Rey is a Palpatine

J. Kenji López-Alt
9 min readMar 23, 2016


This post obviously contains some spoilers.

People know me as that food nerd, but I was a Star Wars nerd long before I ever even picked up a knife. Like other SW fans, I’ve spent a great deal of time pondering Rey’s origins, watching, re-watching, and re-watching The Force Awakens again and again in search of clues.

In the real world Star Wars universe, Rey origin stories are as numerous as mynocks in a giant space slug’s belly, but that doesn’t mean that there’s no room for yet another one to come out and latch on to you. Here’s one that has been chewing on the power cables of my brain for the last 12 hours or so, ever since re-watching The Force Awakens a couple times on a cross-country flight (I knew I wasn’t getting any of the much-needed sleep I’d planned as soon as I saw the movie list):

Rey is a Palpatine.

It sounds like some Jar-Jar-is-a-Sith-level crazy when you first hear it, but there’s some pretty compelling evidence that is folded into that movie, beyond the obvious “she must come from a force-strong family” and “her origin is important” business that can be used to support most other fan theories.

Here’s what I got.

Her Fighting Style

This is the most compelling to me. From the very first viewing of Episode VII in the theater, I noticed that Rey’s first move upon force-grabbing that lightsaber is to jab at Kylo with a horizontal stabby motion, both hands on the hilt, with a big forward shoulder thrust. This is the exact move that Palpatine uses to take the jedi off-guard when Mace Windu comes to arrest him in Revenge of the Sith.

You can see Rey use that move in this short clip I nabbed with my cell phone during the flight, and Palpatine use it here.

Rey repeats the move two more times over the course of her short fight with Kylo. The Emperor uses it multiple times in both of his major fight scenes. It’s a fighting style that does not fit into any of the traditional forms, and indicates that the character is powerful and talented enough to forge their own style.

More importantly, it’s a move that is not used by any other saber-wielder in any of the other movies: the only two characters to use it are Palpatine and Rey, and both use it multiple times.

Her Name

Names in Star Wars movie have always had significance. Darth Vader is the obvious Dark Father. Luke is a biblical name that derives from the Latin for “light”. Han Solo is a loner. Yoda comes from the Hebrew for “wisdom”. Salacious Crumb. Darth Sidious and Tyranus. BB-8. The list goes on, and none of those names are an accident.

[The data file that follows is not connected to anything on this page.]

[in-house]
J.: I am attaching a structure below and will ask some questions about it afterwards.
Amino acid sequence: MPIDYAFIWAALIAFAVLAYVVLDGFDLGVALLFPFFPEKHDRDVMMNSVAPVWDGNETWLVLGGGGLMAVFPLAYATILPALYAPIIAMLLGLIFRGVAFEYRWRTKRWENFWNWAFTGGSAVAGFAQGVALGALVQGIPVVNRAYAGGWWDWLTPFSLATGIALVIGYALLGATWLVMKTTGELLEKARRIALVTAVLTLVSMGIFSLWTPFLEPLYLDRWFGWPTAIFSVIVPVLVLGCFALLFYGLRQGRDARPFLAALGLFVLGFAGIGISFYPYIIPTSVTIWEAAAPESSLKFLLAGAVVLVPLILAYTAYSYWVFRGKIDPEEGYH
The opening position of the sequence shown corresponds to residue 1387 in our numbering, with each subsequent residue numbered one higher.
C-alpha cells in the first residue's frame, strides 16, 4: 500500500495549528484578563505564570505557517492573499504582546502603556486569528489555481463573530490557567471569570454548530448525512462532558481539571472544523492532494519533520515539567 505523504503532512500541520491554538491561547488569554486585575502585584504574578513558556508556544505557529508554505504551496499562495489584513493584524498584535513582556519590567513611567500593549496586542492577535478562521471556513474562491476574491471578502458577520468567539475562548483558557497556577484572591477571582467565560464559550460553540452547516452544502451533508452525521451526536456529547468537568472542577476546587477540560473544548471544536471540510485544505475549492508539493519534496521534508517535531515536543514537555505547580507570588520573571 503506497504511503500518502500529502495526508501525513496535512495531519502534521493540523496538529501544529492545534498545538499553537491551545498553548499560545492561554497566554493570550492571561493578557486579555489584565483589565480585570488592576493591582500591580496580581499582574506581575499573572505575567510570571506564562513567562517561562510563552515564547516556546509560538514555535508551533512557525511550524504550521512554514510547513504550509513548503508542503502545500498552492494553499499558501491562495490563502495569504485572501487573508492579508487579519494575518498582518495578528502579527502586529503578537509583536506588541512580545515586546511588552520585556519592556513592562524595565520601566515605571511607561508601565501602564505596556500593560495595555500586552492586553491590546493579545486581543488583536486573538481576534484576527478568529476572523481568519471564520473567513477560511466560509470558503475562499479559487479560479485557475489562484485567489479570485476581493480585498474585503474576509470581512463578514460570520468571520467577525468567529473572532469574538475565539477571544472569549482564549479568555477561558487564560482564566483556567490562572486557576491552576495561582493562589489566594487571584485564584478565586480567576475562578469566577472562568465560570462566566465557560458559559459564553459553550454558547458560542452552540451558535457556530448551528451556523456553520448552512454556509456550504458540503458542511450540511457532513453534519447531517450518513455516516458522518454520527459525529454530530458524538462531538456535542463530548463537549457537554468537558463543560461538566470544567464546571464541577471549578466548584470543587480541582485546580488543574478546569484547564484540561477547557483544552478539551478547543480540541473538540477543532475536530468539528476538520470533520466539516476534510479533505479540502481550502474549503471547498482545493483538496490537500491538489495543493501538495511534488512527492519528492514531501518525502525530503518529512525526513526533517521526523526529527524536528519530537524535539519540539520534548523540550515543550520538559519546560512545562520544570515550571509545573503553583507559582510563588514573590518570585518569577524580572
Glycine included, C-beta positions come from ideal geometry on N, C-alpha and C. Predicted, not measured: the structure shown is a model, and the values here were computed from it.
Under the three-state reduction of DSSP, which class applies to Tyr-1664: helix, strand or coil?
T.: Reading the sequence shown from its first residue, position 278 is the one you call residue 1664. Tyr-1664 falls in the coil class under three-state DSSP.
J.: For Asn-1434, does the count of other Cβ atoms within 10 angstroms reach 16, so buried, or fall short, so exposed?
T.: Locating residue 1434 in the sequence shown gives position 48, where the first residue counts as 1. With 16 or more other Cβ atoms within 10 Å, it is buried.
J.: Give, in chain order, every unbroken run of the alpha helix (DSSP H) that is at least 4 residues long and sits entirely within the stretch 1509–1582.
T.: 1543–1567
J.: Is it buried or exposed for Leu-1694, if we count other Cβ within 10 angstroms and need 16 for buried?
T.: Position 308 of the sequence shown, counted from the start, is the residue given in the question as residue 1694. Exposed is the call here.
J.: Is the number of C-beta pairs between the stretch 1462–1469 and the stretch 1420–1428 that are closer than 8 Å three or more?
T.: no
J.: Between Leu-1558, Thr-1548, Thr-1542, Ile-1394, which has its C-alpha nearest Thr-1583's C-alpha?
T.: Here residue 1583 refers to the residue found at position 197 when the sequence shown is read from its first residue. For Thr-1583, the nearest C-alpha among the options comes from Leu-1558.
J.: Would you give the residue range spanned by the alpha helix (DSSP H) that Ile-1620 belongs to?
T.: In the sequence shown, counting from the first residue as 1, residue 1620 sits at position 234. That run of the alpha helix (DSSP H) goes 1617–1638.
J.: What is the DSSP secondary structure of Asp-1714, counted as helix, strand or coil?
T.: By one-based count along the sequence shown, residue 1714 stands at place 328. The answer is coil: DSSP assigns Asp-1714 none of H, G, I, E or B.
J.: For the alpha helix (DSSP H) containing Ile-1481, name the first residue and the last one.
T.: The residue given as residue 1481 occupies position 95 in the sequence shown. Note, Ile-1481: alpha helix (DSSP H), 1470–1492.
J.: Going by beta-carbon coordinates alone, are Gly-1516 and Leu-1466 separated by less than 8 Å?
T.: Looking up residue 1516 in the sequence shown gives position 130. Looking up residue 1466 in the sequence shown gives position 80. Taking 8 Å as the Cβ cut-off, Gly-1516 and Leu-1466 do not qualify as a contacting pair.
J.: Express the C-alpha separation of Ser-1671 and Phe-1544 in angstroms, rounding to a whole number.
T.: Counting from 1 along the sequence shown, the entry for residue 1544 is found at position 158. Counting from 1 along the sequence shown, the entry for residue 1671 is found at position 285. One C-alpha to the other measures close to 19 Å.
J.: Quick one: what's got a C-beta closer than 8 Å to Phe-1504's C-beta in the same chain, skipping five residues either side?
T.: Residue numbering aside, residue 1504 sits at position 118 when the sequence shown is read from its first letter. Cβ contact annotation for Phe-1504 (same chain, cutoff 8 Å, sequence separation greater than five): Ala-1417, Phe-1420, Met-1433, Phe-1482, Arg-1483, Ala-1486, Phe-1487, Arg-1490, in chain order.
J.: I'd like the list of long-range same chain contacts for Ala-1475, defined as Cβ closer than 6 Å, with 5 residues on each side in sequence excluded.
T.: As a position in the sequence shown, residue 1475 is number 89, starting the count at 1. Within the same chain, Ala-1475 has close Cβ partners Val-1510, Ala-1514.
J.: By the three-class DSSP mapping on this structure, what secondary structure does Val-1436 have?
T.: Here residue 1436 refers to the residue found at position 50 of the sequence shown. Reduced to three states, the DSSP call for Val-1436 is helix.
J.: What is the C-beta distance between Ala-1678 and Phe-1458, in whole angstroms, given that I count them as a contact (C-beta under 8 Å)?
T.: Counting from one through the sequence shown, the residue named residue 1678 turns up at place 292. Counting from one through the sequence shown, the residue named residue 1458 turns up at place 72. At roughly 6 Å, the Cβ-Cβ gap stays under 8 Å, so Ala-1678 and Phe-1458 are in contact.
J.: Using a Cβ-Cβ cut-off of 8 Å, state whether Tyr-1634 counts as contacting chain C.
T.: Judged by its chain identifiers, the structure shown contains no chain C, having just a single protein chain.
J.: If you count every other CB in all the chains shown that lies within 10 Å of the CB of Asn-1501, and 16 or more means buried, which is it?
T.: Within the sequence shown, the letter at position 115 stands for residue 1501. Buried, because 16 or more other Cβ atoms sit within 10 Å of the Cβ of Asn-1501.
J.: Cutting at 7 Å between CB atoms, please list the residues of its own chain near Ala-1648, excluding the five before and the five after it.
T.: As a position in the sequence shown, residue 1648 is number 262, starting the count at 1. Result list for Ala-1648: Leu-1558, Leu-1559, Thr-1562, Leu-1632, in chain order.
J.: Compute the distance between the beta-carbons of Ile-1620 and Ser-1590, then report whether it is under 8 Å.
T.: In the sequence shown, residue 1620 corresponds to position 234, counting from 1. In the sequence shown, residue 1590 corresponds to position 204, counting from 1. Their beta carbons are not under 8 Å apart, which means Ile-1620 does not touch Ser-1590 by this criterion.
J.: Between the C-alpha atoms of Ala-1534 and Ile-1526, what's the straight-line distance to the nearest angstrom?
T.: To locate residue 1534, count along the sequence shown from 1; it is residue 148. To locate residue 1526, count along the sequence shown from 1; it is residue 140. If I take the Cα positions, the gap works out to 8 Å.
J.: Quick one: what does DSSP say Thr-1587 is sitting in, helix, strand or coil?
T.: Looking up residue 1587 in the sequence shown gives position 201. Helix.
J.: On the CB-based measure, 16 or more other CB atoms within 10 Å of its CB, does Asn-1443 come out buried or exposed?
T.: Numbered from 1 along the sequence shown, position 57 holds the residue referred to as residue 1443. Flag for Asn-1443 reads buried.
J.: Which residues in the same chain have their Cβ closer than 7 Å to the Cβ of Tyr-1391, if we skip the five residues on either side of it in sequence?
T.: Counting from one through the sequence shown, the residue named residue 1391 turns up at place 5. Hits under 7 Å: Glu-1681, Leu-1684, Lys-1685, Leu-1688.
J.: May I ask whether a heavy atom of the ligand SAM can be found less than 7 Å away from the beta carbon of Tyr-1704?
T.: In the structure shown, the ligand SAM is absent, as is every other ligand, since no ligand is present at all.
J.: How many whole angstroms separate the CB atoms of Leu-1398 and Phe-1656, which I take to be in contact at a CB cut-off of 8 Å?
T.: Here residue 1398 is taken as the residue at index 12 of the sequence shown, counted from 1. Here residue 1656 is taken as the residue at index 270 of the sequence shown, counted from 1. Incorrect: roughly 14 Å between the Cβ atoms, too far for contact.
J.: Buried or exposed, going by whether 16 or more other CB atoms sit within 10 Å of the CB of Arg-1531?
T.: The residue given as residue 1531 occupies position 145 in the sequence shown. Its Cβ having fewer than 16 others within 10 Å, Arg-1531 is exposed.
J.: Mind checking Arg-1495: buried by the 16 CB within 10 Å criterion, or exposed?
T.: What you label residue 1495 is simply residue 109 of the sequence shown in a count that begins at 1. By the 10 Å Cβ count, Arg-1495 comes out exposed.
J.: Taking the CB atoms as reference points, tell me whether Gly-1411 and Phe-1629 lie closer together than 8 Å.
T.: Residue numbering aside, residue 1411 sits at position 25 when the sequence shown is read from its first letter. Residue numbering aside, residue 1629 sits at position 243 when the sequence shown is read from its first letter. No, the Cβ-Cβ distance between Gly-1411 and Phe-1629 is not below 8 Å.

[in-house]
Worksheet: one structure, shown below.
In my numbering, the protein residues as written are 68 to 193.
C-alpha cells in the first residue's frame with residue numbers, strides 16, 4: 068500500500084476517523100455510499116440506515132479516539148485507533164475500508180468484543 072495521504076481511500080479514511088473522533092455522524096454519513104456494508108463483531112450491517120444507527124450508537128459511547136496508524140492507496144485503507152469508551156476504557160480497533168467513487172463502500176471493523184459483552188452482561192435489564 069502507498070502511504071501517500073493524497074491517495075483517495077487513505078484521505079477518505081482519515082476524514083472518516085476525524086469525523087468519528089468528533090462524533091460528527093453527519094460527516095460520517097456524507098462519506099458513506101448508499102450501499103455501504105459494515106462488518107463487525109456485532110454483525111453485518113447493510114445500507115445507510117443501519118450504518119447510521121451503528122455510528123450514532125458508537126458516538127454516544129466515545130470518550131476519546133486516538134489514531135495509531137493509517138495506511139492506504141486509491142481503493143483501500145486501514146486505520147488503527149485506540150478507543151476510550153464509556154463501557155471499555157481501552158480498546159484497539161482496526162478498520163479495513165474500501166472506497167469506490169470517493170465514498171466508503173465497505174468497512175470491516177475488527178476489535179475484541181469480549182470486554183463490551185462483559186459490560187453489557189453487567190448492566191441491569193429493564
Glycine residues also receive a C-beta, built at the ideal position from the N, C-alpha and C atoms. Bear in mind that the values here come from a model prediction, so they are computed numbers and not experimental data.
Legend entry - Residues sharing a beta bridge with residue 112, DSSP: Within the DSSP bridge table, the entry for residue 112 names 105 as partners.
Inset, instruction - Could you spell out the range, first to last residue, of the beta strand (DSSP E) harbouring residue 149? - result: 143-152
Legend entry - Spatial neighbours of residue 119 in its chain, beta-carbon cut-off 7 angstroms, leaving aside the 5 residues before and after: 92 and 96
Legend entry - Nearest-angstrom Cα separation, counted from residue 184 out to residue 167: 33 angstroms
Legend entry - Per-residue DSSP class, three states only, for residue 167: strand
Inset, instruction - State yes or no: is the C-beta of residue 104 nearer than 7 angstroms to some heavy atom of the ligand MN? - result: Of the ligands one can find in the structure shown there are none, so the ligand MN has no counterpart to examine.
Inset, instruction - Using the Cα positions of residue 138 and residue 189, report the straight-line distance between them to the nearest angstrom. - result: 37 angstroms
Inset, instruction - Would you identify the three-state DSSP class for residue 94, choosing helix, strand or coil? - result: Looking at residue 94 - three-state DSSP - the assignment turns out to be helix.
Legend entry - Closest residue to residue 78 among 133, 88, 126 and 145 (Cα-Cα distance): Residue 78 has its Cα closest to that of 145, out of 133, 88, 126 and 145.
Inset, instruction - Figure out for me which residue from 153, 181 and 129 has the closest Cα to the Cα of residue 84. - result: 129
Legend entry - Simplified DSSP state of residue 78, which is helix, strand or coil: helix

Rey could be interpreted a couple ways. Perhaps she is the ray of light, the New Hope for the jedi to return balance to the force. But “Rey” is also Spanish for “king,” derived from the Latin “rex.” This doesn’t necessarily imply good or evil, light or dark, but it is the kind of thing where if we were to find out in Episode 8 or 9 that she is a Palpatine, we’ll look back and go “duh, the name fits,” just as we did with Darth Vader.

It Follows Established Star Wars Tropes

At its core, the Star Wars story has always been Palpatine vs. Skywalker. Sure, there are battles and feuds between other characters, there are characters who lose their way and find it again, but it’s always the Skywalkers leading the charge for the Light Side, dealing with both internal and external struggles against the Dark Side, which is led by Palpatine.

True, Episode 4 seems to live in the Palpatine-free vacuum of Skywalker vs. Skywalker, but it’s important to remember that when A New Hope was made, there was no guarantee that Episodes 5 or 6 would even see the light of day, thus more complex story arc plot points were largely ignored to keep the movie self-contained. As soon as it became clear that this would be a multi-movie franchise, the struggle rapidly switched from Skywalker vs. Skywalker to Skywalker vs. Palpatine, with Palpatine manipulating the action either directly or from behind the scenes every step of the way. Even in Empire Strikes Back, the stage is set for Anakin’s eventual redemption and battle against the emperor.

She Was Dumped on Jakku for a Reason

It seems pretty clear that Rey was dropped on Jakku in the care of Unkar Plutt after Kylo Ren went rogue for a reason. That reason is because Luke is afraid of her and the power/potential rise of the dark side she represents. Even Kylo seems to know that she has untapped potential (even beyond the way she whooped his butt with no training at the end of Episode 7).
Where do you drop someone who you don’t want to get trained? Someone who you want to keep hidden from everyone, including themselves? In the ass-backward end of the galaxy on a desert planet. And how do you guarantee that she’ll never leave of her own accord? Tell her that her family is going to return to pick her up some day, “so you better not ever leave!”

Oh, and let’s ask Han Solo and Chewie to hang around and keep an eye on her too, just in case she ever manages to find a way to escape. You think it was an accident that Han Solo picked Rey and Finn up so soon after they made it off the planet surface? He knew they were leaving, he was watching her all along. It’s also no accident that he asks her to join his crew before he even bothers asking for her name (not that he didn’t already know it). He wants to keep her close.

That look in Luke’s eyes at the end of the film is a mixture of fear, regret, self-incrimination, affection. All feelings that make sense for a man who abandoned a young girl not because he wanted to, but because he felt he had to.

It Makes a Good Story

The fight between Kylo and Rey has a lot more weight to it than random force-users who don’t have a more intimate and intertwined relationship. Does Kylo know of her origin? His “I can train you” line just before the earth opens up could be telling.